Those who appear to not have to worry about these sectors affecting their well-being and happiness, however, include members of the various royal families. They are above all of these issues [that non-royals have to worry about] via either birthright or marriage. Their status places them in another universe from the rest of mankind. They don’t have to walk among commoners if they choose not to – although many of them do, due to their charitable pursuits and other public appearances.

Princess Eugenie of York; photo c/o Vanity Fair
Princess Eugenie of York; photo c/o Vanity Fair

With this being the case, many voluntarily place royalty upon a pedestal. It is as if people have become so used to looking up at – and being beneath – others they see as being better than they perceive themselves to be that they deprive themselves of the ability to see their own inherent worth. People employ what modern-day philosopher Stephen Darwall calls “appraisal respect”, which is a form of respect meaning esteem that we have for those who display certain excellence. Darwall himself states it in this manner:

Appraisal respect is an attitude of positive appraisal of a person either judged as a person or as engaged in some more specific pursuit. In the first case, the appropriate grounds are features of the person’s character: dispositions to act for particular reasons or a higher-level disposition to act for the best reasons. In the second case, though features of character do not exhaust the appropriate grounds for appraisal respect, some such character traits will be relevant (recognition respect for the standards of a particular pursuit).”

In applying this concept, people dole out respect based on the royals’ supposed possession of high character. And, to many, royals appear to have elevated morals – but there is no real basis for this reasoning. It bestows them with these traits that none can be certain exist within their person; indeed, royals are the definition of a privileged class of individuals.

The Duke and Duchess of Sussex; photo c/o The Prince of Wales (website)
The Duke and Duchess of Sussex; photo c/o The Prince of Wales (website)

Lack Of A Royal Family Within One’s Own Country

It would be easy to believe that, if one’s country doesn’t contain a royal family, then the concept of royalty would matter little to the lives of that country’s citizens. In this case, looks would be deceiving. The United States is a suitable example of this curious phenomenon. Former US President Barack Obama mentioned to Prince Charles on a 2015 visit to the White House in Washington D.C. that, “I think it’s fair to say that the American people are quite fond of the royal family. They like them much better than they like their own politicians.” Three years later, 29 million Americans would awaken in the early morning hours to watch the marriage proceedings of the Duke and Duchess of Sussex.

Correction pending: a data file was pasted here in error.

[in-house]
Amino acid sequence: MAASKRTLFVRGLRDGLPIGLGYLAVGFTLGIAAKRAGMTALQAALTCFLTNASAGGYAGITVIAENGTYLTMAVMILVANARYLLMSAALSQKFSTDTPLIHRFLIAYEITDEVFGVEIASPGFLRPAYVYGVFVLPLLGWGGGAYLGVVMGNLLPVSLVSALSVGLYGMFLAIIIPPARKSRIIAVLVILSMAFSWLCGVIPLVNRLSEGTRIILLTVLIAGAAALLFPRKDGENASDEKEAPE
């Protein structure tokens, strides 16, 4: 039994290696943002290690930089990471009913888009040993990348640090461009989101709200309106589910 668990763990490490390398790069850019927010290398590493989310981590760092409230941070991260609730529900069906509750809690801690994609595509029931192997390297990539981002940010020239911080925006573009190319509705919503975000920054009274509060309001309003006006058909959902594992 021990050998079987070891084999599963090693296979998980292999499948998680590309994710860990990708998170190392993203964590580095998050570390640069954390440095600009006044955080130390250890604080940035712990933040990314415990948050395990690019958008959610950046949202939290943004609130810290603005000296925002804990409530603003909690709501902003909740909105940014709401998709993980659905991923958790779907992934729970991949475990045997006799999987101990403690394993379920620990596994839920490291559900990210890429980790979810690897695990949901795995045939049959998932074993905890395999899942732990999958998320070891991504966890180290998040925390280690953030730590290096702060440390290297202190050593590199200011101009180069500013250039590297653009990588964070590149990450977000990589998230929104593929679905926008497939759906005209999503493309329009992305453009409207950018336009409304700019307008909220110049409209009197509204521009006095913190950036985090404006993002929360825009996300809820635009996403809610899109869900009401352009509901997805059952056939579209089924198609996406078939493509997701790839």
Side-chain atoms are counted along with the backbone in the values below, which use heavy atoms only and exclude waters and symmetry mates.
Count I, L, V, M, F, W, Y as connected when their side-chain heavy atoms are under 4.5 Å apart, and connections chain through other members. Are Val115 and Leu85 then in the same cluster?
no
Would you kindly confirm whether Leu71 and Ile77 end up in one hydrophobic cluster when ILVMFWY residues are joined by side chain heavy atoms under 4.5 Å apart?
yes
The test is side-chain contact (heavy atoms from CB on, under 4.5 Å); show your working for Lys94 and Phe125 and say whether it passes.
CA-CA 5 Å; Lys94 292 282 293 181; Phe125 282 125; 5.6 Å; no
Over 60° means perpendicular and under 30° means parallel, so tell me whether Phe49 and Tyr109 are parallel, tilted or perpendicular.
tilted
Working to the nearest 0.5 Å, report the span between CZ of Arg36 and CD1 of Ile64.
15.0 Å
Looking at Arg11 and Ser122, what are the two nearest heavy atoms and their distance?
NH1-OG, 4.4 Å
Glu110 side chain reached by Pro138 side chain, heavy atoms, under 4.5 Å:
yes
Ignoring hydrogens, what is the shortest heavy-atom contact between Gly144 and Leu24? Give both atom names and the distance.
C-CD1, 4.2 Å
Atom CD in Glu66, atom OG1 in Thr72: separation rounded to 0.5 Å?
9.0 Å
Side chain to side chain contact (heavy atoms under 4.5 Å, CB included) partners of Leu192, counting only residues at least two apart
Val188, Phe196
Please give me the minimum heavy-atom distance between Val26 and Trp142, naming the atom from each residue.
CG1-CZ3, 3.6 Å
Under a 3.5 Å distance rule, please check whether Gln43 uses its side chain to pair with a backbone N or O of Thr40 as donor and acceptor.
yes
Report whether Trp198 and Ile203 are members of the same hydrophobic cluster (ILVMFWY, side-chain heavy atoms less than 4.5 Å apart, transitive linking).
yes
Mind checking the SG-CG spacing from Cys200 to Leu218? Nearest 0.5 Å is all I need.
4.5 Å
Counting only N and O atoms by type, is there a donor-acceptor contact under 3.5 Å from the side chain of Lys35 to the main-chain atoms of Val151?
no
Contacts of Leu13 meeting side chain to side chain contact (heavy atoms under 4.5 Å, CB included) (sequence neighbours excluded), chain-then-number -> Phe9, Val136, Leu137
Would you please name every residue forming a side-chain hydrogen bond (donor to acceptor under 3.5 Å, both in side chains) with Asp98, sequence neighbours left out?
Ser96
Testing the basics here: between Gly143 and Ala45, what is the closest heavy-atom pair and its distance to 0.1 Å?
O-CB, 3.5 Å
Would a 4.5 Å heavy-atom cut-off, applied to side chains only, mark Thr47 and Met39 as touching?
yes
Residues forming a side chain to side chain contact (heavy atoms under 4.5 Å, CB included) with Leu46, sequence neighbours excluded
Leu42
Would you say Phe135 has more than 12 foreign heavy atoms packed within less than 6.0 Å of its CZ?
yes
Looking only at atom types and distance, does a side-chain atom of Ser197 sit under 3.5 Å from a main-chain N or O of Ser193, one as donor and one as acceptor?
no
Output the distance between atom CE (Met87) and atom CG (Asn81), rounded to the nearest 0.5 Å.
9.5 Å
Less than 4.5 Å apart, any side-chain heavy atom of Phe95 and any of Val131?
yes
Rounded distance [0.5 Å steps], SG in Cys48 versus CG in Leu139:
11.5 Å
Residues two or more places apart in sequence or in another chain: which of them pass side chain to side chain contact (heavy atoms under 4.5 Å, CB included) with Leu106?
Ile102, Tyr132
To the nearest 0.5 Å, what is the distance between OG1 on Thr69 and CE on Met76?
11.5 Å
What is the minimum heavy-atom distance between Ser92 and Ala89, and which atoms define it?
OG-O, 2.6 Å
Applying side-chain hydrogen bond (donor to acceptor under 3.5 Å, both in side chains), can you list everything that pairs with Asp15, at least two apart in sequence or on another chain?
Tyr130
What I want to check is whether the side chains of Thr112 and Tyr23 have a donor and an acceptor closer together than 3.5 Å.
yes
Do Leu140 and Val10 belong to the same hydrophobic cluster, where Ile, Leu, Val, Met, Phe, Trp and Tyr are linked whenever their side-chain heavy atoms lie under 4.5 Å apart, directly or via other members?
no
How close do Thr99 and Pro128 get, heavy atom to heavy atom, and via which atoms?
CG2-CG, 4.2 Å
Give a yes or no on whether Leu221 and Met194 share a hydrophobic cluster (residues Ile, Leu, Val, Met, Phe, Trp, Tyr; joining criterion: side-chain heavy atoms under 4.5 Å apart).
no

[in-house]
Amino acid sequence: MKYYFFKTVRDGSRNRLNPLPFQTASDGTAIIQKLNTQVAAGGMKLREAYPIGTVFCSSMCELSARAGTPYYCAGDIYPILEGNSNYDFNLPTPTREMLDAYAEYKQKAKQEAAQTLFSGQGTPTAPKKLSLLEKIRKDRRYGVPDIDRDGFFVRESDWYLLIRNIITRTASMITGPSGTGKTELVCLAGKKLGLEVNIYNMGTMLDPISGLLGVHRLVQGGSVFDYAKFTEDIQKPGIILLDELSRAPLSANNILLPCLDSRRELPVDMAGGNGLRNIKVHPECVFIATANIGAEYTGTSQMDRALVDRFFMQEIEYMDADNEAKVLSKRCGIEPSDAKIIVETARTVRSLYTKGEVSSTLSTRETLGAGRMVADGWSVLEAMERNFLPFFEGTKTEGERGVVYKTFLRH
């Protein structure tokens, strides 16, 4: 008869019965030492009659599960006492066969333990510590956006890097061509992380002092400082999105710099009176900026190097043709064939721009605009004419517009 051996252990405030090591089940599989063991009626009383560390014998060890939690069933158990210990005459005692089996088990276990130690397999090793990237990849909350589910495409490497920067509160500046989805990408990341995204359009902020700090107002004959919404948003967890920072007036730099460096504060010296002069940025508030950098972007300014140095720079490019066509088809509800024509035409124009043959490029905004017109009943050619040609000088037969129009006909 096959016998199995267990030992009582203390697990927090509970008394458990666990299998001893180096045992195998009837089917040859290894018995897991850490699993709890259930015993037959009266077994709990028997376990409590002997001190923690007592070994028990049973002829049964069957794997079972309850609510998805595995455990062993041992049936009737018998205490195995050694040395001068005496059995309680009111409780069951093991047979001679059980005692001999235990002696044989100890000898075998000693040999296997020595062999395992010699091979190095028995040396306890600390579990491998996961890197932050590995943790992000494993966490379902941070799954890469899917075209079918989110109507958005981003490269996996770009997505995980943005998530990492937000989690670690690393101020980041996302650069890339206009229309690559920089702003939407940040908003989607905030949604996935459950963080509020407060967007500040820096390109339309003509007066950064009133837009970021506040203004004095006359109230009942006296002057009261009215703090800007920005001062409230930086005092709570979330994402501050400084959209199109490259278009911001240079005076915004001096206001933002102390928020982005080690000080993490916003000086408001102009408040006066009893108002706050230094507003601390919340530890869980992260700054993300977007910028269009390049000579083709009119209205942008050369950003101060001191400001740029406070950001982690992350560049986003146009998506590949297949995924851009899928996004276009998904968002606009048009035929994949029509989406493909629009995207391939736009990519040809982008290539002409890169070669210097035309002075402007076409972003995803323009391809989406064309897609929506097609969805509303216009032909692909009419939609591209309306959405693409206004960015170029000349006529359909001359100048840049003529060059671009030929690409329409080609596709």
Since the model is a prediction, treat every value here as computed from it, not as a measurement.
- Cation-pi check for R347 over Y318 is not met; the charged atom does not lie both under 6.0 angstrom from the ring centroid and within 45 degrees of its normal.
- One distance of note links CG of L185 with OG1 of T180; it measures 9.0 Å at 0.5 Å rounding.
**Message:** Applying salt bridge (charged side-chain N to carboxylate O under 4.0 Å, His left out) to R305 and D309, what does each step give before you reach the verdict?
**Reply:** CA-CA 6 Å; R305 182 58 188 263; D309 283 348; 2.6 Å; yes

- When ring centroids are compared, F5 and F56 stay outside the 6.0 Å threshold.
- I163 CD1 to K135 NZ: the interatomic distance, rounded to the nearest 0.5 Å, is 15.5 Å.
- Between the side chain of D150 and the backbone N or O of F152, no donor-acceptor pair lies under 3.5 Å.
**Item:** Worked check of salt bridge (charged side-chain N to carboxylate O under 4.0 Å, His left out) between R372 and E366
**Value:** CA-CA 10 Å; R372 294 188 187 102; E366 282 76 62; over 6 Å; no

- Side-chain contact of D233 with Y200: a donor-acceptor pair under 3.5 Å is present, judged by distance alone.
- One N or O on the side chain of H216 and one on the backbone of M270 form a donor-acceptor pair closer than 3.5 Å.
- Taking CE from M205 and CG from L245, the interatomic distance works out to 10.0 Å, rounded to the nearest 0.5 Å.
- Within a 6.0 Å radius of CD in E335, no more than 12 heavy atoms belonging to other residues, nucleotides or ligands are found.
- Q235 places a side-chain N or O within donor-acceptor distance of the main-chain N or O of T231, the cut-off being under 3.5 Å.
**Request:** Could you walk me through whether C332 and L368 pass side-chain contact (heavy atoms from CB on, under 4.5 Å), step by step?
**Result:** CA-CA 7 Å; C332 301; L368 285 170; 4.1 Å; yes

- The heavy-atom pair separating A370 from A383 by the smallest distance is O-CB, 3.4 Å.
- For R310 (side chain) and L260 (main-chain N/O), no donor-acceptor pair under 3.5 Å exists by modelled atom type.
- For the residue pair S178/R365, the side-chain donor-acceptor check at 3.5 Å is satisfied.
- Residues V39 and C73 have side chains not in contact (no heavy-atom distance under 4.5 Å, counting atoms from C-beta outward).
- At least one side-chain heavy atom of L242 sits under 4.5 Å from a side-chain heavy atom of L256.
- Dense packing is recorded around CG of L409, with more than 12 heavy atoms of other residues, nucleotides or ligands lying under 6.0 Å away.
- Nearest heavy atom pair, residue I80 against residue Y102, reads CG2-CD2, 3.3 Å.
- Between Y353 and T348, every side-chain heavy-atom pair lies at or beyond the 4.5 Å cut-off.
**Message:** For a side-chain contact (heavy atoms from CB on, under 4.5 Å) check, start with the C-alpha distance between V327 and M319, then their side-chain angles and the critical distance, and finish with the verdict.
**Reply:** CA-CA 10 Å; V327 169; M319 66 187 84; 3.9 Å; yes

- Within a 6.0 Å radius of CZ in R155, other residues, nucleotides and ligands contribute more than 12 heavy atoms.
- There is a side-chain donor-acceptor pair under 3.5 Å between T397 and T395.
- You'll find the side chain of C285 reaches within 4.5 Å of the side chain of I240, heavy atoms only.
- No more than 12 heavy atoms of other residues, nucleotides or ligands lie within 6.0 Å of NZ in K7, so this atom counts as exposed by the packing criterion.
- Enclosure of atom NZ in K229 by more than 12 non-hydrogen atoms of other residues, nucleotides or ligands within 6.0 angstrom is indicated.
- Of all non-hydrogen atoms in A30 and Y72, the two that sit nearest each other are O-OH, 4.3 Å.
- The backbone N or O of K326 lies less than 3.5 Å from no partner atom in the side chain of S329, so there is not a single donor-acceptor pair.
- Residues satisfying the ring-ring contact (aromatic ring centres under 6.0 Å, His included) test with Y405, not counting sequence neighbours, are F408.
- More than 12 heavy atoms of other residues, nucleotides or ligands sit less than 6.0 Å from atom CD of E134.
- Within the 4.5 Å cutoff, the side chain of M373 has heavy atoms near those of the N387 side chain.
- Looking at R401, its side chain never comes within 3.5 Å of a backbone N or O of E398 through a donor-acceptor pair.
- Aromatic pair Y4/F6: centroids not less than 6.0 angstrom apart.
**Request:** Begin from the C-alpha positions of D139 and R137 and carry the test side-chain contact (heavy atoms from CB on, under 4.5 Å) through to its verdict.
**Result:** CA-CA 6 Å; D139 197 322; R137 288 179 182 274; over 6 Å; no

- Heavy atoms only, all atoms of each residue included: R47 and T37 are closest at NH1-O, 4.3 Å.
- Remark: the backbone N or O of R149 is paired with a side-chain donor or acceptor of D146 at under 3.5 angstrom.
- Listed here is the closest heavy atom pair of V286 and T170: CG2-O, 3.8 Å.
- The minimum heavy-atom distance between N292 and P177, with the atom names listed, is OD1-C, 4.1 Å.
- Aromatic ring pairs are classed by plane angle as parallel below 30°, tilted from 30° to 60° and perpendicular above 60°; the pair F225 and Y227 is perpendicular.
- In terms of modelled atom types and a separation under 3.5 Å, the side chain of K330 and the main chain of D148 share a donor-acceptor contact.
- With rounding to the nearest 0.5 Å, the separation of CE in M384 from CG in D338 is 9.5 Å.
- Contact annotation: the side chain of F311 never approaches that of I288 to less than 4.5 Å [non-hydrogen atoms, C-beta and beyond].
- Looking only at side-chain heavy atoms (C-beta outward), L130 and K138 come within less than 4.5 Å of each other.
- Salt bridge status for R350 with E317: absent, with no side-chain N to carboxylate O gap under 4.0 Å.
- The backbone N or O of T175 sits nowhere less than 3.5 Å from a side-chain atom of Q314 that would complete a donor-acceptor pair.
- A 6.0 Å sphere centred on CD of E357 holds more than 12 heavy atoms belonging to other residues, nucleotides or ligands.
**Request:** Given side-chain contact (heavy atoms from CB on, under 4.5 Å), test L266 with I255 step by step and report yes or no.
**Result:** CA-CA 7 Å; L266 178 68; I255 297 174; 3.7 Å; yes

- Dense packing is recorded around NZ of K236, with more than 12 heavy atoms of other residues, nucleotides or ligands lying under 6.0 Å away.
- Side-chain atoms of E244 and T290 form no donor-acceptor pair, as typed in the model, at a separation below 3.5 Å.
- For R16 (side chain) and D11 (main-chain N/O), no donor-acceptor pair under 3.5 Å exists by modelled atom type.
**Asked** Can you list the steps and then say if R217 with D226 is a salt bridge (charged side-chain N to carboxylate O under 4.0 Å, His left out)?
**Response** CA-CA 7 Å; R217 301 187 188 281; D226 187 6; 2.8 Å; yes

It is particularly unusual that U.S. citizens would love royalty, considering that the colony fought a war to escape the British Empire. Even during the American Revolution (1775-1783), there were many Loyalists to the Crown among a group that was made up predominately of Patriots. An estimated 15-20% is no small number, despite not being a majority of colonists.

These days, the closest that we Americans come to having our own version of royalty is Hollywood stars. And, whatever one has to say about the various royal families, that is not an adequate equation. Many Americans are positively infatuated with celebrities; it is an unceasing drumbeat of preoccupation with spectacle. The reasons for US citizens’ engrossment with celebrity could be an entirely different essay, and perhaps we will come around to it at some point. Let it stand as a point for now, though, that they have an unsatisfactory group of public officials, lives that threaten to break under the crippling weight of different forms of hierarchy, and no true sign that this situation will ever be any different. The various royal families, with all of their pomp and circumstance, can serve as a fairy-tale diversion for those that are suffering.



Though our stated reasons were only three of many, we believe that there is a wealth of validity behind them. When human beings in present times are told repetitively that there are certain figures in the world that are superior in every way to them by virtue of either birth or marriage to those in power, many react in one of three ways:

  1. Reluctant acquiescence to the belief that this hierarchy exists and must be upheld,
  2. Active revolt against those that would dare to tell them to subordinate themselves to those that were born to privilege, or
  3. Active admiration of those that hold these positions of royalty, with that admiration sometimes simmering over into obsession.

It seems that many these days are squarely at point #3.

Categories: Editorials